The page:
This doesn't make them ineffective.
Creamy cleansers can still give you that clear and fresh look you’re after - given that you’re using them on the right skin type. For example, oily skin might not benefit from them so much, but I’m sure people with a dry skin type are thankful they exist.
Now that oil cleansing is a thing, we’re here to debunk the myth that if there’s oil there’s a breakout.
Cleansing oils are a wonderful alternative for removing makeup, debris, and dead skin cells from the face, especially for people whose skin gets really dry after using the more traditional types of cleansers we explained so far.
The typical water-soluble cleansers with foamy, gel, or creamy texture primarily use surfactants as their main active ingredient. This process allows for the skin’s impurities to be rinsed with water. Oil cleansers, on the other hand, work by dissolving the similar substances they’re attracted to - sebum.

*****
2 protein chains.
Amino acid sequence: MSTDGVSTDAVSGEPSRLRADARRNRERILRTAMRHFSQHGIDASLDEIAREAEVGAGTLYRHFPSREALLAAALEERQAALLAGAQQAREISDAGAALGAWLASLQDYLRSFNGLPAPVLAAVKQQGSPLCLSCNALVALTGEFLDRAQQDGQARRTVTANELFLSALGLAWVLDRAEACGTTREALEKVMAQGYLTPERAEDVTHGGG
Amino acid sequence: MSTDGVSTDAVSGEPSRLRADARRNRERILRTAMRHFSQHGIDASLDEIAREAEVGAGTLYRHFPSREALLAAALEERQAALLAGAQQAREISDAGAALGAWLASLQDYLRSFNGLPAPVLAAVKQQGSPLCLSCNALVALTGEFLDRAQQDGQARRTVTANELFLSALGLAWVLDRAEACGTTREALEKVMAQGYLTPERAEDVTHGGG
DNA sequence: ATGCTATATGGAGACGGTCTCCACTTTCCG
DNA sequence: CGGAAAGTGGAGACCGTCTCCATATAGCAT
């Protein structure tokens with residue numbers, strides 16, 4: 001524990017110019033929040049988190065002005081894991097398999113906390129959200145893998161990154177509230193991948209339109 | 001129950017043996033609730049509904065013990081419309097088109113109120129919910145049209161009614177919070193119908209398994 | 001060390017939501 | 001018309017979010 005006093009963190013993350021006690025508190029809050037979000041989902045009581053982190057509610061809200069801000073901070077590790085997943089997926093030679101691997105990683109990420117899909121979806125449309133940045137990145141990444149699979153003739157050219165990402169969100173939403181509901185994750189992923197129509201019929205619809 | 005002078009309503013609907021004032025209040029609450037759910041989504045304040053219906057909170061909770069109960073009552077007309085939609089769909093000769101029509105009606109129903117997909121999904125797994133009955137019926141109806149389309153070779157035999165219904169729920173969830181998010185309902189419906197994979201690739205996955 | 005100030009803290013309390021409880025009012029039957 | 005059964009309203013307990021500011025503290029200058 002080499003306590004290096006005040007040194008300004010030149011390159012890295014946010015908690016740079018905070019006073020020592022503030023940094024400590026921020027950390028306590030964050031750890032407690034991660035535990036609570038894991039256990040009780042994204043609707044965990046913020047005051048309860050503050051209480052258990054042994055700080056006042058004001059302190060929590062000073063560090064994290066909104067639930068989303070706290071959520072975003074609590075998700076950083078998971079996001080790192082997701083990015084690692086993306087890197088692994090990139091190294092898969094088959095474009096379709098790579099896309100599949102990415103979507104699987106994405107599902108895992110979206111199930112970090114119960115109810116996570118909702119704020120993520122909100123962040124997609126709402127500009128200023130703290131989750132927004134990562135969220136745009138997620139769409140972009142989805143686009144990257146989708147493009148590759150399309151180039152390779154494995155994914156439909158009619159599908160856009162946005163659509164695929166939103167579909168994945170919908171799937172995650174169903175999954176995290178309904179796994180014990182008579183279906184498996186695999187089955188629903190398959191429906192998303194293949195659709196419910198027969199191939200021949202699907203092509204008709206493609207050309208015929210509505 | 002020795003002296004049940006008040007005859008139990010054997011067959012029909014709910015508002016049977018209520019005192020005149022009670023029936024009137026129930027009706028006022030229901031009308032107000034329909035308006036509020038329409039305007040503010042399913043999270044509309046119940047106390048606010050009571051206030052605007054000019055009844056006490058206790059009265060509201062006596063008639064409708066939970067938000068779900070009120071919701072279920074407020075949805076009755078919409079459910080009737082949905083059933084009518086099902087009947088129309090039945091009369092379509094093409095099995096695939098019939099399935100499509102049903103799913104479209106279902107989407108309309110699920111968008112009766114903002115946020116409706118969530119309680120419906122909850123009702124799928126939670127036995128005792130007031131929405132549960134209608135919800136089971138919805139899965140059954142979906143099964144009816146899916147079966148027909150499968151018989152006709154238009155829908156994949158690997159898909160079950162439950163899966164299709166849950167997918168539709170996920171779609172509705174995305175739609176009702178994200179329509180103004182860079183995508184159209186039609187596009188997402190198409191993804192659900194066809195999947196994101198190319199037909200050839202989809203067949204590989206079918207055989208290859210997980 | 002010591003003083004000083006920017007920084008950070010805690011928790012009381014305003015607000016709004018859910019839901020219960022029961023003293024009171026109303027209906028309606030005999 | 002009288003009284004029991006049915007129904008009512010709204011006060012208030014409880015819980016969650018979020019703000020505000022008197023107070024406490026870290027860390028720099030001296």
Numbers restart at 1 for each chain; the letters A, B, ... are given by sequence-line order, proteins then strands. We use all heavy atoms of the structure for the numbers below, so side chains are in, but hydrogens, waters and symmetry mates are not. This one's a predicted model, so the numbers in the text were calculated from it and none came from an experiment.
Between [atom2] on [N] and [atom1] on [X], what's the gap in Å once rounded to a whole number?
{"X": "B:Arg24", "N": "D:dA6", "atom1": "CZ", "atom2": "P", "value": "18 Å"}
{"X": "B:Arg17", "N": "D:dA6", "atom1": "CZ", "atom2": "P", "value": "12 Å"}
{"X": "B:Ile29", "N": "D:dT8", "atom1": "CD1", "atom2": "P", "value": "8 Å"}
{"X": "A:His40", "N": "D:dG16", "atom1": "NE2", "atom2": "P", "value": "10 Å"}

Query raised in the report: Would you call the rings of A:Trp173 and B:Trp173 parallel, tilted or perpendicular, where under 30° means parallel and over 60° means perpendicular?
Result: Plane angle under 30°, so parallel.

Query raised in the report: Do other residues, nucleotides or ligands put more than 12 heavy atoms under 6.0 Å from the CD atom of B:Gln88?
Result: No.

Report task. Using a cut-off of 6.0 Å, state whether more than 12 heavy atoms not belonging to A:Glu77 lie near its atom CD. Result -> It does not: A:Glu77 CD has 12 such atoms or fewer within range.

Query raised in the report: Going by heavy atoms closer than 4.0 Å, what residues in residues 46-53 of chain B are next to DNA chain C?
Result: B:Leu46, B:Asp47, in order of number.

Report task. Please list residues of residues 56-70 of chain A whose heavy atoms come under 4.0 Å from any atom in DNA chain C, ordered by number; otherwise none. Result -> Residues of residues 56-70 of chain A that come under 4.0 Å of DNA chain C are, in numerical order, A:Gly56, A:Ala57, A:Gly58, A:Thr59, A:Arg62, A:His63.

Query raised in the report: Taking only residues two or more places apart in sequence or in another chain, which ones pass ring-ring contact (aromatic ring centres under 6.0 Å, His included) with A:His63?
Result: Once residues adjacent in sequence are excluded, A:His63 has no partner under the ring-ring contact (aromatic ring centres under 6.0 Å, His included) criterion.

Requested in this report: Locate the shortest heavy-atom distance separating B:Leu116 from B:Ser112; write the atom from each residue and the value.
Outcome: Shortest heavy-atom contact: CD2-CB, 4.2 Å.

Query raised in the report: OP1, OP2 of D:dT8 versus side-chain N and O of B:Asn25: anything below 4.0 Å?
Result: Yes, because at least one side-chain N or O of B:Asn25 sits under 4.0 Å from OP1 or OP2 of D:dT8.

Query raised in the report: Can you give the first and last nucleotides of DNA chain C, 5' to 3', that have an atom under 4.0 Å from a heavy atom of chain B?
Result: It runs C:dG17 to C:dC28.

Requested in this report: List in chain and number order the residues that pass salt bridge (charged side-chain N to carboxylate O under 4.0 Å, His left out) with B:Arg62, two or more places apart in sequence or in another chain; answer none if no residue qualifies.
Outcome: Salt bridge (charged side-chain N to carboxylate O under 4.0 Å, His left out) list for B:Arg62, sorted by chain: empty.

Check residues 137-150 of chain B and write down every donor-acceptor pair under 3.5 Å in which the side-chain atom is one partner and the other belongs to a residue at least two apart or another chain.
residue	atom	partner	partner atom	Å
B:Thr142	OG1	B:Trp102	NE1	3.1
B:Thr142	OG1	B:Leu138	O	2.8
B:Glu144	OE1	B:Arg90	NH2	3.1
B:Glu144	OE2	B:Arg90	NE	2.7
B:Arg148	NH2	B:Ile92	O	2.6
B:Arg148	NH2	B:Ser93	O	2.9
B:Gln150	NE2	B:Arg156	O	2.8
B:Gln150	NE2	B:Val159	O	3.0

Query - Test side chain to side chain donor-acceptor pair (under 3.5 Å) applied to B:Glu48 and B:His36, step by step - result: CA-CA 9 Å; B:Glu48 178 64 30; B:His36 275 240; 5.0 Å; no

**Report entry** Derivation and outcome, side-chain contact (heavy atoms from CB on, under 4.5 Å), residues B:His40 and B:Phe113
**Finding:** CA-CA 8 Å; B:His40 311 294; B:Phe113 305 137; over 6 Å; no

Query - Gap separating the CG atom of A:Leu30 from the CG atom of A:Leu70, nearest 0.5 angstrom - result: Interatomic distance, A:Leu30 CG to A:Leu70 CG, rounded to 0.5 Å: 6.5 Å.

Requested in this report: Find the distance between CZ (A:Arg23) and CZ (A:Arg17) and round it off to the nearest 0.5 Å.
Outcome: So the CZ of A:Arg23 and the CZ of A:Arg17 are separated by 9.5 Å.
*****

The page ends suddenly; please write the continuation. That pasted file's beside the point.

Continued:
Now, depending on the formulation of the product, we can even argue that some oil cleansers won’t make a blemished skin worse, but rather help soothe the irritation. However, the rule of thumb is that most oil cleansers work best for people with dry and sensitive skin.
Having so many other options, oil cleansers would probably sit on the bottom of the list for oily and acne-prone skin.
Clay cleansers use the powerful absorbing properties of clay to remove impurities from the surface of your skin. Why clay, you ask? Well, they’re potent detoxers. Experts agree that clay has strong pulling action and works like a magnet, bonding with the debris, dead skin cells, makeup residue, and other impurities stuck in our pores.
Clay cleansers provide a deep clean without leaving the skin dry. They’re also great for soothing redness and irritated pimples.
A micellar cleanser or micellar water is somewhere between a foam and a cream cleanser, providing a powerful combination of their properties. It’s purified water mixed with hydrating ingredients, as well as low concentrations of mild surfactants.
The goal of this type of cleanser is to use surfactants as a magnet for superficial debris, dirt, and oil, without drying off or irritating the skin.